It started as a rumour.  No-one believed it at first, of course; just like every previous time when the end of the world was announced.  Just voices whispering about how strange things had been sighted in the sky. A meteor, hurtling through space, passing close enough to the earth’s path to be seen clearly.  Only the maths had been done and indicated that it wasn’t going to be the near miss that had originally been predicted.

Instead it was going to hit directly.

The newspapers were dismissed as panic-mongering, and retaliated by calling experts to back them up. The argument raged over the media for days, until it began to dawn on the public at large that far too many experts were not giving direct, reassuring answers, but instead were avoiding the question and talking around probabilities and trajectories and failing to disguise was what beginning to look a lot like panic.

No-one seemed to know what to do.  Panic buying struck; shops sold out of bottles of water and tins of food.  We didn’t believe the rumours, of course, but still we could see that if we didn’t buy in stocks pretty soon then supplies would dry up following the excessive demand, and so we bowed to peer pressure and stocked up in our turn. It was Bill’s idea to buy in frozen food. We pointed out that in the case of massive disaster electricity would stop working and the freezers would fail, but Bill pointed out that it would probably keep long enough to get through the initial aftermath, and after that – well, if things weren’t sorted soon they’d never be sorted at all, and so having food that would last for years instead of days would be unlikely to change the overall outcome.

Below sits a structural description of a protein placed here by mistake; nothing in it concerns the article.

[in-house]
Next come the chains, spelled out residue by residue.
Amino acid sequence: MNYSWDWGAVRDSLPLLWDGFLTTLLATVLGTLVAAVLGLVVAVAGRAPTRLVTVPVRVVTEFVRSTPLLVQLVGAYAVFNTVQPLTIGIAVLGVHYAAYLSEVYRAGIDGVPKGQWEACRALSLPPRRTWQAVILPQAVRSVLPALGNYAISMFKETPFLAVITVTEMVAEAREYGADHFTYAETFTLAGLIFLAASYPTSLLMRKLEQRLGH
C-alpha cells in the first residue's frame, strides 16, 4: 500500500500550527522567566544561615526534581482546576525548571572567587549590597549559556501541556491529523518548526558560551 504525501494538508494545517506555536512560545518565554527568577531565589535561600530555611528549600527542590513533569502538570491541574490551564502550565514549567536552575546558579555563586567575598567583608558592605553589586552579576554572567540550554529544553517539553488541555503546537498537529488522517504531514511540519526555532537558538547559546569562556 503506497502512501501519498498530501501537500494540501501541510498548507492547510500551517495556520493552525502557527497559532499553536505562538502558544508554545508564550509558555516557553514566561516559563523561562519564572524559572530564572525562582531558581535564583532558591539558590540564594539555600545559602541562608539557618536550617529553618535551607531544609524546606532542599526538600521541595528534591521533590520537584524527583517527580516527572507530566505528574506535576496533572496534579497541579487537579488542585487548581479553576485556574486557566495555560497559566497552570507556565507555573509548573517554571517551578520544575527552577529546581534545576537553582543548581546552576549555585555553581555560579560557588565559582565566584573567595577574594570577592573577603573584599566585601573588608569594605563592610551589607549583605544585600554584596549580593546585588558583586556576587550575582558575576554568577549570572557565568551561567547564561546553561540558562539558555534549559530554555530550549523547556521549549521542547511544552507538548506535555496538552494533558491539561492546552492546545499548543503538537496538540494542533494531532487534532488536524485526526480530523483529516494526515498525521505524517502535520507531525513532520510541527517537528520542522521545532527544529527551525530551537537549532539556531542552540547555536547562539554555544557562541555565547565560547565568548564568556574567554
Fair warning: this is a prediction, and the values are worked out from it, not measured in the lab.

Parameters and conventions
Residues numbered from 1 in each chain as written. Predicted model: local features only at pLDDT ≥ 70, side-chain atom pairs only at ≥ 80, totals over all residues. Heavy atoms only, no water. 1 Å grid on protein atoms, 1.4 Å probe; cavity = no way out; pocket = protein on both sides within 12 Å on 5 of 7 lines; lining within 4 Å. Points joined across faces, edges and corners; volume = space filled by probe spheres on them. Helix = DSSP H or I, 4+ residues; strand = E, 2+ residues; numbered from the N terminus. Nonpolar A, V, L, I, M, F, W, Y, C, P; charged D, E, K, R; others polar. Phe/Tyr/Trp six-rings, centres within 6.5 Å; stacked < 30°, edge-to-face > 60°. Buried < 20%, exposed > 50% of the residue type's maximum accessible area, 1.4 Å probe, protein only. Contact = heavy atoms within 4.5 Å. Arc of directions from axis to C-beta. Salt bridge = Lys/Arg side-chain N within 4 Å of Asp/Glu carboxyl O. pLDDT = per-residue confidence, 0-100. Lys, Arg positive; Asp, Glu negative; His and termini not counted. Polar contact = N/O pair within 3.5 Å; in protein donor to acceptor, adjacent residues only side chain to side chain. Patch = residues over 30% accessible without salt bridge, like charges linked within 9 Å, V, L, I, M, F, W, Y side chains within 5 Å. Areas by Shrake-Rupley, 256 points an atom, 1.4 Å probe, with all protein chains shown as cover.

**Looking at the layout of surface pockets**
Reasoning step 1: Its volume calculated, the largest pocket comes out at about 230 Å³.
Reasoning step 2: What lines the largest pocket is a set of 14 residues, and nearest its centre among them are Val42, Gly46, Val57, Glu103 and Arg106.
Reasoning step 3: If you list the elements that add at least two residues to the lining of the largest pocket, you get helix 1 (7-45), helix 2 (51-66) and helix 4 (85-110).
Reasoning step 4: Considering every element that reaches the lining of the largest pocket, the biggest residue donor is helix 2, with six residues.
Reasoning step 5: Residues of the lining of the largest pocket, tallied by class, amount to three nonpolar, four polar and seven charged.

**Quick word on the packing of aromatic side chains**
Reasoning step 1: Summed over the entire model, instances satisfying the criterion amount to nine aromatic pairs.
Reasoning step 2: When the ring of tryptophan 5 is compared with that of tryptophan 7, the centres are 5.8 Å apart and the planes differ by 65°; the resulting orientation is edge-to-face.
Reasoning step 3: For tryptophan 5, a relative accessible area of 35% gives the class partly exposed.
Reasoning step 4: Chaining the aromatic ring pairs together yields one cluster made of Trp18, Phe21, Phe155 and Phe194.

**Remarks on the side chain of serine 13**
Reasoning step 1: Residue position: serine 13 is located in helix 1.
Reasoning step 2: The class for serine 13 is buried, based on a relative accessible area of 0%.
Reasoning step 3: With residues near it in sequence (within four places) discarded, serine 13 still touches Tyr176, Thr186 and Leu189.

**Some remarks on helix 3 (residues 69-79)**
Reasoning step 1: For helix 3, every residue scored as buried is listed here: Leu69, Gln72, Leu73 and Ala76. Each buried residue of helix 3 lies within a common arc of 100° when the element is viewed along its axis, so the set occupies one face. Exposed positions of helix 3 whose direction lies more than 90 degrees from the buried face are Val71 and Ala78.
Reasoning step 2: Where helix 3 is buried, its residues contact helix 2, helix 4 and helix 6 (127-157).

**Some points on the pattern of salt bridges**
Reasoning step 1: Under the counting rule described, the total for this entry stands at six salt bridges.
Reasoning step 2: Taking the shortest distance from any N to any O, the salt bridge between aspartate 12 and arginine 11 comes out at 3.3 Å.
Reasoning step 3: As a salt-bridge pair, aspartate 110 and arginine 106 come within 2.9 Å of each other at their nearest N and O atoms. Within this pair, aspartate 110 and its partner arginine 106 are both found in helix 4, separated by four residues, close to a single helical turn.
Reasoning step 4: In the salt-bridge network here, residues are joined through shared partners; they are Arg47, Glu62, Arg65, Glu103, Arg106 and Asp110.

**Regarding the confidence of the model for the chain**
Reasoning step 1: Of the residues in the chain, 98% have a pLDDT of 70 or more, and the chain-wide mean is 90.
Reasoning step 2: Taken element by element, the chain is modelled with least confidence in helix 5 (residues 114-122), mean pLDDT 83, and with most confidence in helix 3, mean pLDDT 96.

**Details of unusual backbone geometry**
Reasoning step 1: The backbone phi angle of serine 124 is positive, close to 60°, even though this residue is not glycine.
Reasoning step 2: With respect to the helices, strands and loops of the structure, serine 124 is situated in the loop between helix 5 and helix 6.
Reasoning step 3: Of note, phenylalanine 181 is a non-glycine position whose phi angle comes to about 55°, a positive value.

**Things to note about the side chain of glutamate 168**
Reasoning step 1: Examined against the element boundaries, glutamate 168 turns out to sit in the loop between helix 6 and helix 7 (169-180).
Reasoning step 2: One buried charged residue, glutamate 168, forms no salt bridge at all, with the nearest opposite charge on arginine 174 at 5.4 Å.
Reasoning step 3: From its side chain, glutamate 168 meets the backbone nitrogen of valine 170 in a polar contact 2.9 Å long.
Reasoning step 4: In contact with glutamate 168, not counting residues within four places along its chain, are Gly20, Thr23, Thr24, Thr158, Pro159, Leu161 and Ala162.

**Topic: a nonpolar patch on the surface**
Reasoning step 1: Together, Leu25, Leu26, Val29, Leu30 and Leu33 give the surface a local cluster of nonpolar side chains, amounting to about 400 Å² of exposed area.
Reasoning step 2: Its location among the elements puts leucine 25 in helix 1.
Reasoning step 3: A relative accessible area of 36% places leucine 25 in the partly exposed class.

So everyone built up their stores, and talked about the end of the world in a disbelieving manner, and moved through each day not quite sure how to behave, whether to celebrate still being alive or mourn what it was suggested was about to come.


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